Better Call Saul Season 5, Episode 4: ‘Namaste’ Review

If anything defines Better Call Saul, it’s work. In any given episode you can bank on extended sequences of Mike, Kim, Jimmy, and/or Nacho putting in the hours to pull off some elaborate stunt or grueling legal procedure, underpinning every one of the show’s flashier moments with a ground-level view of how it came about. ‘Namaste,’ for example, opens with Jimmy perusing a junk shop, weighing object after object in his hands for minutes on end before settling on a trio of unremarkable bowling balls. The reason for the scene, shown out of sequence with the rest of the episode’s timeline, isn’t made apparent until over half an hour later. 

Speaking chronologically, the episode’s other “first” scene covers the aftermath of Kim and Jimmy throwing beer bottles from their balcony at the end of last week’s ‘The Guy for This.’ The two lawyers walk across their building’s parking lot through fields of glittering broken glass. Jimmy tells Kim not to sweat it, that the building management will clean it up. She agrees, then stays behind to sweep the glittering shards into the trash. No shining “fuck you” moment comes without a price, and not paying it means passing it on to the next poor shmuck to happen along, floating your part of the quotient of human misery as Jimmy does when he tells his scumbag clients to hit up their grandparents for the money to cover his fees.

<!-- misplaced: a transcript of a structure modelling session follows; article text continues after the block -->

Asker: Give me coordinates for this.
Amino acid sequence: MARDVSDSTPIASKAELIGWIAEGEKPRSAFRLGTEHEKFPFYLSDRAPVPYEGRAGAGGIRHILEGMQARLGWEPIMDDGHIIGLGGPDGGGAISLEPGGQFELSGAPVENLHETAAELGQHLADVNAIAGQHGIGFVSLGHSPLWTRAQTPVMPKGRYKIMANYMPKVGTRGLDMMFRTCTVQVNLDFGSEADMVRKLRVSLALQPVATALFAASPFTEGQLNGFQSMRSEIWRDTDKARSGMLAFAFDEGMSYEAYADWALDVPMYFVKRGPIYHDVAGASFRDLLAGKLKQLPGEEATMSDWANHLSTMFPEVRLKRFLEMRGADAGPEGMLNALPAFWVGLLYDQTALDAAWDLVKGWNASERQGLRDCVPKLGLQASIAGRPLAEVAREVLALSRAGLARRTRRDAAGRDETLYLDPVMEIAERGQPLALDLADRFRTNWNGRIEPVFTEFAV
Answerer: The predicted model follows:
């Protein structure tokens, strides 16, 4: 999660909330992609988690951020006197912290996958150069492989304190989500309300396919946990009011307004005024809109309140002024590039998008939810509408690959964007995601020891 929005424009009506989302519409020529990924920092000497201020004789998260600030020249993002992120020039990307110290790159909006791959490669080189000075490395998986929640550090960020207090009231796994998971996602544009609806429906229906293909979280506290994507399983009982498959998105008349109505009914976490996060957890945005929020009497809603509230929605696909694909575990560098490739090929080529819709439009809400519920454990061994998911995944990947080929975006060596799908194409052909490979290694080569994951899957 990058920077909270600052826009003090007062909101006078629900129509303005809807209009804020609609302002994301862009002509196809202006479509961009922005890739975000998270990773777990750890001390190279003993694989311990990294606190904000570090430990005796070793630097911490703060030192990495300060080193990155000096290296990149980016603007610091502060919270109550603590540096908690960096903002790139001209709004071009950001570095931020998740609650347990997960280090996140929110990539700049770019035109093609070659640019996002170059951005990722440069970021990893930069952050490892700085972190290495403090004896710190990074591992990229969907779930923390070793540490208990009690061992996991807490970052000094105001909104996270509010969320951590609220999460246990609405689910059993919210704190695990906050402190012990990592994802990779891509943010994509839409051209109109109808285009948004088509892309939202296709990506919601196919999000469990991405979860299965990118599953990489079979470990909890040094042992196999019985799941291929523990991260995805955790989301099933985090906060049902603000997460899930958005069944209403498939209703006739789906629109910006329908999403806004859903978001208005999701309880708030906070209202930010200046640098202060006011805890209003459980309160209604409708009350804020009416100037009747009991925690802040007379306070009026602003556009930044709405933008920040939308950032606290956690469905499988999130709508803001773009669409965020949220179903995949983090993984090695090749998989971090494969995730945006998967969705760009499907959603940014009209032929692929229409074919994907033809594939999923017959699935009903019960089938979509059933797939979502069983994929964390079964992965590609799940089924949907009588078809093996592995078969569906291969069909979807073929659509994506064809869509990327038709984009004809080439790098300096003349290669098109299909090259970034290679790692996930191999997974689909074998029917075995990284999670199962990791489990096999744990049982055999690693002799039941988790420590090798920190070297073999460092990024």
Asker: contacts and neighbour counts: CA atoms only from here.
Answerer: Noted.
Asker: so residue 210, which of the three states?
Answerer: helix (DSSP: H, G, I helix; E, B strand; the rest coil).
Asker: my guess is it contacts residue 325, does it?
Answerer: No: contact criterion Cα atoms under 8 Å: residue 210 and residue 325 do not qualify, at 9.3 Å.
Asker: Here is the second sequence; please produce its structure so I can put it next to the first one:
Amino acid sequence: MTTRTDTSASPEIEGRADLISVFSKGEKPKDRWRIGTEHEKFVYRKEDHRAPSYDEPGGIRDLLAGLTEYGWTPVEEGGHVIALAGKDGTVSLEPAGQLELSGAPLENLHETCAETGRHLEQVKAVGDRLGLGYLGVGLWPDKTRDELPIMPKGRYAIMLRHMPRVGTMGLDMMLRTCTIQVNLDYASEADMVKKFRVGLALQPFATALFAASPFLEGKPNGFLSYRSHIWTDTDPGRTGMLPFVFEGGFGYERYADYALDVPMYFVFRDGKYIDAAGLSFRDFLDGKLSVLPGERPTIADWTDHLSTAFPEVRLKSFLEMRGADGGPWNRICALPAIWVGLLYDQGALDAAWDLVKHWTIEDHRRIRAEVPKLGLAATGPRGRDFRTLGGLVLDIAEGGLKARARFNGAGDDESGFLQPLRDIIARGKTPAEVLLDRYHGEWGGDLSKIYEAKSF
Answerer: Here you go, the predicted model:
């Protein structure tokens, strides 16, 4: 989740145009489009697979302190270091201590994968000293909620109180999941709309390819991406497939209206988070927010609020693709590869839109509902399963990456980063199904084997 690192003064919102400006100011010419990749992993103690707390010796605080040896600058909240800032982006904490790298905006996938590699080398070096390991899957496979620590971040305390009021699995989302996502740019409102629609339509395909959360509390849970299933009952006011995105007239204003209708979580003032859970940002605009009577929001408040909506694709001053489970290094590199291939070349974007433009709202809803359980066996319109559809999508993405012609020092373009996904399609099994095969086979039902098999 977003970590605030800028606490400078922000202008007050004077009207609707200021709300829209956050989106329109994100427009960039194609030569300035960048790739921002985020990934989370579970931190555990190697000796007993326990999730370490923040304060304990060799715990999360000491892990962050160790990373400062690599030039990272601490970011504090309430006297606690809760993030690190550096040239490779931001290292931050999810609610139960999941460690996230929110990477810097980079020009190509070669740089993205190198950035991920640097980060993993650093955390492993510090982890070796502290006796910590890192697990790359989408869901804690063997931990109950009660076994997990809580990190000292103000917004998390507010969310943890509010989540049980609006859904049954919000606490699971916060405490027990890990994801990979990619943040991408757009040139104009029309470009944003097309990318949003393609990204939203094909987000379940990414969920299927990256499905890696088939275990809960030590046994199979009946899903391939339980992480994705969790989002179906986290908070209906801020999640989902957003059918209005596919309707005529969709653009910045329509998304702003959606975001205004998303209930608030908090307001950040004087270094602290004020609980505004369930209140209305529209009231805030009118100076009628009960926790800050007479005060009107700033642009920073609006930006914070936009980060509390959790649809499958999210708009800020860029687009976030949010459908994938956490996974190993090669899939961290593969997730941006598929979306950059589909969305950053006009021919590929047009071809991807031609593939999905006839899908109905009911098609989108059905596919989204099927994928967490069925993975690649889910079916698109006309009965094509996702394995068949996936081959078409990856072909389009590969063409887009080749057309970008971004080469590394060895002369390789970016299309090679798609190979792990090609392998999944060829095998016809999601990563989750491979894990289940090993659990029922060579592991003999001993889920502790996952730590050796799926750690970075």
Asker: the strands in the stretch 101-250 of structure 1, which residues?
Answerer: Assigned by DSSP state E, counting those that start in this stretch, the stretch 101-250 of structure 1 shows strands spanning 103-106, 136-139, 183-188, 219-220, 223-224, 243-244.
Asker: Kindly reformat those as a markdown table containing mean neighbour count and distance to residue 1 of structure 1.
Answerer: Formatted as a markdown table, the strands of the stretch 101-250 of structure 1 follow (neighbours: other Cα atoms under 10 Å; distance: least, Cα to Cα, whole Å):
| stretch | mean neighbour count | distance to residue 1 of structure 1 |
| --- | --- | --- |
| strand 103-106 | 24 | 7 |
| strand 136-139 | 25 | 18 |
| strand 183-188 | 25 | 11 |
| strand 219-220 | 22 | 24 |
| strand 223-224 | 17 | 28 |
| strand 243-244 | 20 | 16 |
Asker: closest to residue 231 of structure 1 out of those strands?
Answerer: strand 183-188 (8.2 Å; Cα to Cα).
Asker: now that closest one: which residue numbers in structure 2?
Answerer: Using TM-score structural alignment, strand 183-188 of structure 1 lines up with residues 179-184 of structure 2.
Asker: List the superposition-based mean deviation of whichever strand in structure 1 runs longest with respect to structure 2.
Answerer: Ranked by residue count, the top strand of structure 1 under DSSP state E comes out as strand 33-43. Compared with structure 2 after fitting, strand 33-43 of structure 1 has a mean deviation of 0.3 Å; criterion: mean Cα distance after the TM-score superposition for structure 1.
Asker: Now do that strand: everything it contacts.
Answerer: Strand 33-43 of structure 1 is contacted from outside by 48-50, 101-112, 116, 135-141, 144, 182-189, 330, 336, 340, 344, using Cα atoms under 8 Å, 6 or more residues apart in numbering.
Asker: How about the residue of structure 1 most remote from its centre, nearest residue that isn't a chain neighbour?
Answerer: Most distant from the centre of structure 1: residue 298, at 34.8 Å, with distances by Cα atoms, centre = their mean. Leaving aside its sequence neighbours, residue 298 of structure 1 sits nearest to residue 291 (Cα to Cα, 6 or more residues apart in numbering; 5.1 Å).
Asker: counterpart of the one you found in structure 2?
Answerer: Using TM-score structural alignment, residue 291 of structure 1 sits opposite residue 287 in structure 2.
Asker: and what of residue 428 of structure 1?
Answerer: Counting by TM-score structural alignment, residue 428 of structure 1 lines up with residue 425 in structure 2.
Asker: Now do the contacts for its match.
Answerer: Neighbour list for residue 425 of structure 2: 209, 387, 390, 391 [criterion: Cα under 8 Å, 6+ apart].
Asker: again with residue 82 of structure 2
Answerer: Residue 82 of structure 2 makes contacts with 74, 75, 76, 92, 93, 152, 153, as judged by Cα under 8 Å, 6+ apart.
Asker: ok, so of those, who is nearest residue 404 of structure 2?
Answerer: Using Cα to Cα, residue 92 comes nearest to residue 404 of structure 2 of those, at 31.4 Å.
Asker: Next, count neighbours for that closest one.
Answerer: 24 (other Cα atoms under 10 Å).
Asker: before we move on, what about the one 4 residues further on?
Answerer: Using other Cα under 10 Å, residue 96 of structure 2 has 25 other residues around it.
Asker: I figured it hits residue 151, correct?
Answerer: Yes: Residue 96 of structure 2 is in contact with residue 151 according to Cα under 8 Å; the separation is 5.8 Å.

Previously:

Better Call Saul

Visual Aids

Jimmy’s bizarre overture to Mr. Acker, the stubborn tenant of the land Kim’s employers at Mesa Verde want to snatch up, is more such leg-work, beginning with Jimmy somehow using a picture of a man fucking a horse to convince the guy to become his client. Other shows might skip from Kim’s guilty conscience to Jimmy representing Acker in court, but Better Call Saul makes a meal of its procedural elements, stretching each one out into its own quiet, visually engrossing vignette. This decompressed storytelling technique gives audiences plenty of time to linger on the little things.

The junk shop’s cluttered labyrinth of an interior, pierced by dusty shafts of light. The pristine post-lunch-rush emptiness of Howard’s favorite restaurant where he meets Jimmy to offer the younger man a job. The floodlit culvert beside which Hank and Gomez sit in their darkened SUV, discussing the probable etymology of the geological feature. It’s a show of meaningful silences and expansive tone, letting each of its overlapping stories unfold at its own pace while it builds a slow, inexorable sense of tension. You’re never quite sure which scene of characters rifling through paperwork or driving along deserted streets is going to take the sudden, vicious turn we all know waits at the end of Jimmy’s journey.

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